MIDDLE-AGED MEN GET THEIR GROOVE ON
Older Guys Are Taking an Interest in Style (July 25, 2005)
Middle-aged men tend to be stereotyped as wearing dull business suits, but a new breed is on the rise: the stylish middle-aged man. Fueling this trend is a growing number of men's fashion magazines. Besides dispensing tips on wardrobe coordination, beauty treatments, and applying basic makeup, the magazines also run special features on becoming cool from within through fasting, proper etiquette, and refined leisure pursuits. Some men who follow these prescriptions say they not only look more stylish but are also feeling more self-confident, performing better at work, and getting healthier as a result.
|Mikitani Hiroshi, president of Internet Firm Rakuten, won the Best Dressed Man award. (Jiji)
A growing number of products and services are targeted at men aged from their early forties through early fifties. The driving force behind this trend is the slew of high-end fashion magazines targeting men of this age group. The front runner of this genre is Leon, which debuted in September 2001. In the wake of Leon's success, Straight and Gentry came out in fall 2004 and Uomo in early 2005.
With moteru oyaji ("sought-after middle-aged guys") as its keyword, Leon offers product information, fashion advice, and other articles for middle-aged men who want to turn heads. In a summer-oriented feature article, the magazine showcased leather sandals as the ideal shoes to complete a sexy look.
Meanwhile, Gentry (subtitled "The Gentlemen's Kingdom") recently ran a feature on "How to Master the Power Face." This included how-to's on face-washing and basic skin care. Although the products promoted in these magazines are invariably quite expensive, sales are growing.
More Than Just a Pretty Face
The magazines' advice to middle-aged men on making themselves more cool extends beyond external appearance to such areas as table manners, asking women out, and leisure pastimes. And apparently the benefits of following the advice in the magazines go beyond the superficial. One man who underwent the "color diagnosis" described in a magazine article, for example, said that the experience gave him the confidence to pick out the colors and styles that suited him by himself. This confidence carried over into his work, and he has become more successful at his job as a result.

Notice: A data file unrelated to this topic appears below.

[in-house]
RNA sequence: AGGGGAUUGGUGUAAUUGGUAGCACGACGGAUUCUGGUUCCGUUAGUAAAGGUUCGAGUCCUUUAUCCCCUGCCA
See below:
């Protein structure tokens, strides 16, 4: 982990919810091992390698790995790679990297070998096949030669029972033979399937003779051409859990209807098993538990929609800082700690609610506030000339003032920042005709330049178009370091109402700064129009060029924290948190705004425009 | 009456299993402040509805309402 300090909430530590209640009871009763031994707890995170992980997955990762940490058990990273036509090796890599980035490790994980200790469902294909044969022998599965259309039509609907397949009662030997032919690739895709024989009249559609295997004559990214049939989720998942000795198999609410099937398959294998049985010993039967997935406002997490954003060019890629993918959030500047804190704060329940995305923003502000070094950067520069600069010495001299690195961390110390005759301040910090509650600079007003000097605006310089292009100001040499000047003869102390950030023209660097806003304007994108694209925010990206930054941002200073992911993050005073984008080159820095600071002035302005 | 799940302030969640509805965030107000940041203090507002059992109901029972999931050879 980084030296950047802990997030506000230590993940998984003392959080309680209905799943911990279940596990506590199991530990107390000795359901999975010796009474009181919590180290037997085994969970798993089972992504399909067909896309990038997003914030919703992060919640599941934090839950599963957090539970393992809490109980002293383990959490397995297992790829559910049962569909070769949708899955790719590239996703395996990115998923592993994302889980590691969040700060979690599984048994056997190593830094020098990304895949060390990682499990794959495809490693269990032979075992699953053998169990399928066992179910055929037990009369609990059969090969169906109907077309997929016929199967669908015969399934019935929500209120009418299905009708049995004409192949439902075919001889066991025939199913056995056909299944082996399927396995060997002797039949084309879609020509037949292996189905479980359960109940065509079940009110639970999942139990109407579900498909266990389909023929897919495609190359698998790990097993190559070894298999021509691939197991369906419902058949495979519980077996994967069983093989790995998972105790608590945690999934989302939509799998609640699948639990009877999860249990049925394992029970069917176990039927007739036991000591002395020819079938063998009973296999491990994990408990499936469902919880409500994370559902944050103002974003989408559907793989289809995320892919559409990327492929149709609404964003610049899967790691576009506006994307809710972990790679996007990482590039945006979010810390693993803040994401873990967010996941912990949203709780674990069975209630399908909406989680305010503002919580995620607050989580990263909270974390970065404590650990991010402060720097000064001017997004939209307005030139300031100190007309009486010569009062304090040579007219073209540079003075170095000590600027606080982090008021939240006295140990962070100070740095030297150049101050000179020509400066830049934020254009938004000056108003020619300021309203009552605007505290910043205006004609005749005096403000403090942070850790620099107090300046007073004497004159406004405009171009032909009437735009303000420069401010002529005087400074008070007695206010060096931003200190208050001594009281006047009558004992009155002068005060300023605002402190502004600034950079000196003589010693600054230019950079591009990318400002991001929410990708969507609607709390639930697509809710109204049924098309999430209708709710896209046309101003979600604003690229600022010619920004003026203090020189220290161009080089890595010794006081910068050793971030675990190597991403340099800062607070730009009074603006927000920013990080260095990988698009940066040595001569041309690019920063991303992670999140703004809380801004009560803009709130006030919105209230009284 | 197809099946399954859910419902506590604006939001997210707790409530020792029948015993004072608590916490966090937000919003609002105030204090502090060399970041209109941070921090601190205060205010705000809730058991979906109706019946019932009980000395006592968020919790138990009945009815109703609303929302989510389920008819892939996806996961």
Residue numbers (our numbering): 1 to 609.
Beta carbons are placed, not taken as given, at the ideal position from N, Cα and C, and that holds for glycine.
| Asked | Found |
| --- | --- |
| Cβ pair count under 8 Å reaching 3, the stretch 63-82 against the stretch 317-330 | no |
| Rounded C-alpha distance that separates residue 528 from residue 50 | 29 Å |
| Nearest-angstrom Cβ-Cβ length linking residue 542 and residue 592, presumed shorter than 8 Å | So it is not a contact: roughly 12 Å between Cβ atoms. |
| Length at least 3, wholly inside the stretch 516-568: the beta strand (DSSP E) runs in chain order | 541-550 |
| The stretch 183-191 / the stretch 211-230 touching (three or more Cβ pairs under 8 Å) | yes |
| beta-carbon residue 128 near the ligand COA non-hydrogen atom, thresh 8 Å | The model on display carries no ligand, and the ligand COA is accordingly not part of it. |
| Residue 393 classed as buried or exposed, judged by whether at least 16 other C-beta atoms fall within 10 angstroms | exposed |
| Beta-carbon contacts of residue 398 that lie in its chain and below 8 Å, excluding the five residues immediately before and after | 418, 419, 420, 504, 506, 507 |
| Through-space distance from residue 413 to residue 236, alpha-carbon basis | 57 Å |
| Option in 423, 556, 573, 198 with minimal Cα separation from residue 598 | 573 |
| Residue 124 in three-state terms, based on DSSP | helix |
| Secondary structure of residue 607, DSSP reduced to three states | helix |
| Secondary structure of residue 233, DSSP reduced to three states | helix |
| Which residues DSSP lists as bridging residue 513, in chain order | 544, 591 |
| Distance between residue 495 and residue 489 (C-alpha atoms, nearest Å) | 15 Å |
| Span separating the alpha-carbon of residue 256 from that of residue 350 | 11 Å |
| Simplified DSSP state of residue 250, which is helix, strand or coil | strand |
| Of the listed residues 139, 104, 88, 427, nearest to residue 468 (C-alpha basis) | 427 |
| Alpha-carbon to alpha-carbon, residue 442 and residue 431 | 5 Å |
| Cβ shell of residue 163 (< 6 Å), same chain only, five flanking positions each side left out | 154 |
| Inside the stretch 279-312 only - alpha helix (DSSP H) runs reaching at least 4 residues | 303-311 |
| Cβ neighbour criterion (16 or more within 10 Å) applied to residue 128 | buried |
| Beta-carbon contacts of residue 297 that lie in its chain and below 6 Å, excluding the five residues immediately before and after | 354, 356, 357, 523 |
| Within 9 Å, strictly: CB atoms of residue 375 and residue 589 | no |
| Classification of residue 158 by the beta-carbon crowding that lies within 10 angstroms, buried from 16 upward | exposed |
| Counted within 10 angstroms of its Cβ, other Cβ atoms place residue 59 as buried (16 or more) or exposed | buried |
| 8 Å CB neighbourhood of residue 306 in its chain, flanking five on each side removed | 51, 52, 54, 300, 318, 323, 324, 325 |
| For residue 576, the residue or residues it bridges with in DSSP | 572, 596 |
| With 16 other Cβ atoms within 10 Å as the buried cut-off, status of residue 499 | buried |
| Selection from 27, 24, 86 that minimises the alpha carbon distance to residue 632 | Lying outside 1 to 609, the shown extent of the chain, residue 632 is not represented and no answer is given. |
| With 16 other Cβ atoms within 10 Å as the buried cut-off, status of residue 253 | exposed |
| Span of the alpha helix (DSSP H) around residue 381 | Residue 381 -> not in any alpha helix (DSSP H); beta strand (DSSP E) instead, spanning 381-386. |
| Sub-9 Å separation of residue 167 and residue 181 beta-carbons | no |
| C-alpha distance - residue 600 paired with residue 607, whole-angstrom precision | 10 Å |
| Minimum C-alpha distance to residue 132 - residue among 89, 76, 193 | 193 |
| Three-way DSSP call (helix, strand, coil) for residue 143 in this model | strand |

Then there was the man in his fifties who participated in a fast after reading about the physical and mental restorative powers of fasting. After a three-day course, the man reported that he felt cleansed from within and physically fitter.
An Appetite for Luxury
Various industries are cashing in on this trend. In 2003, seeing an opportunity to increase business among male consumers, the Isetan department store opened the Men's Annex at its Shinjuku store offering products exclusively for men. Sales have been brisk.
Meanwhile, the Hotel Okura Tokyo has introduced luxury packages called Gentle Time. For prices starting at ¥26,500 ($240 at ¥110 to the dollar), a style-conscious man can lounge at a cigar bar and partake of sommelier-selected wines and specially made hors d'oeuvres. And the next morning he does not have to get dressed and walk downstairs for his morning meal: A room-service breakfast comes with the package.
All in all, middle-aged men are shelling out considerable sums of money to look and feel good. But is this trend anything more than a marketing ploy by magazine editors? Some think there may be a deeper explanation. Men in this age group experienced the consumer heyday of Japan's economic bubble when they were in their thirties. Some attribute the sharp increase in consumption among middle-aged men to the fact that these well-trained consumers have reached an age at which they have ample purchasing power. Whether this theory is right or not, the population of stylish older men is likely to keep on growing.
Copyright (c) 2005 Web Japan. Edited by Japan Echo Inc. based on domestic Japanese news sources. Articles presented here are offered for reference purposes and do not necessarily represent the policy or views of the Japanese Government.
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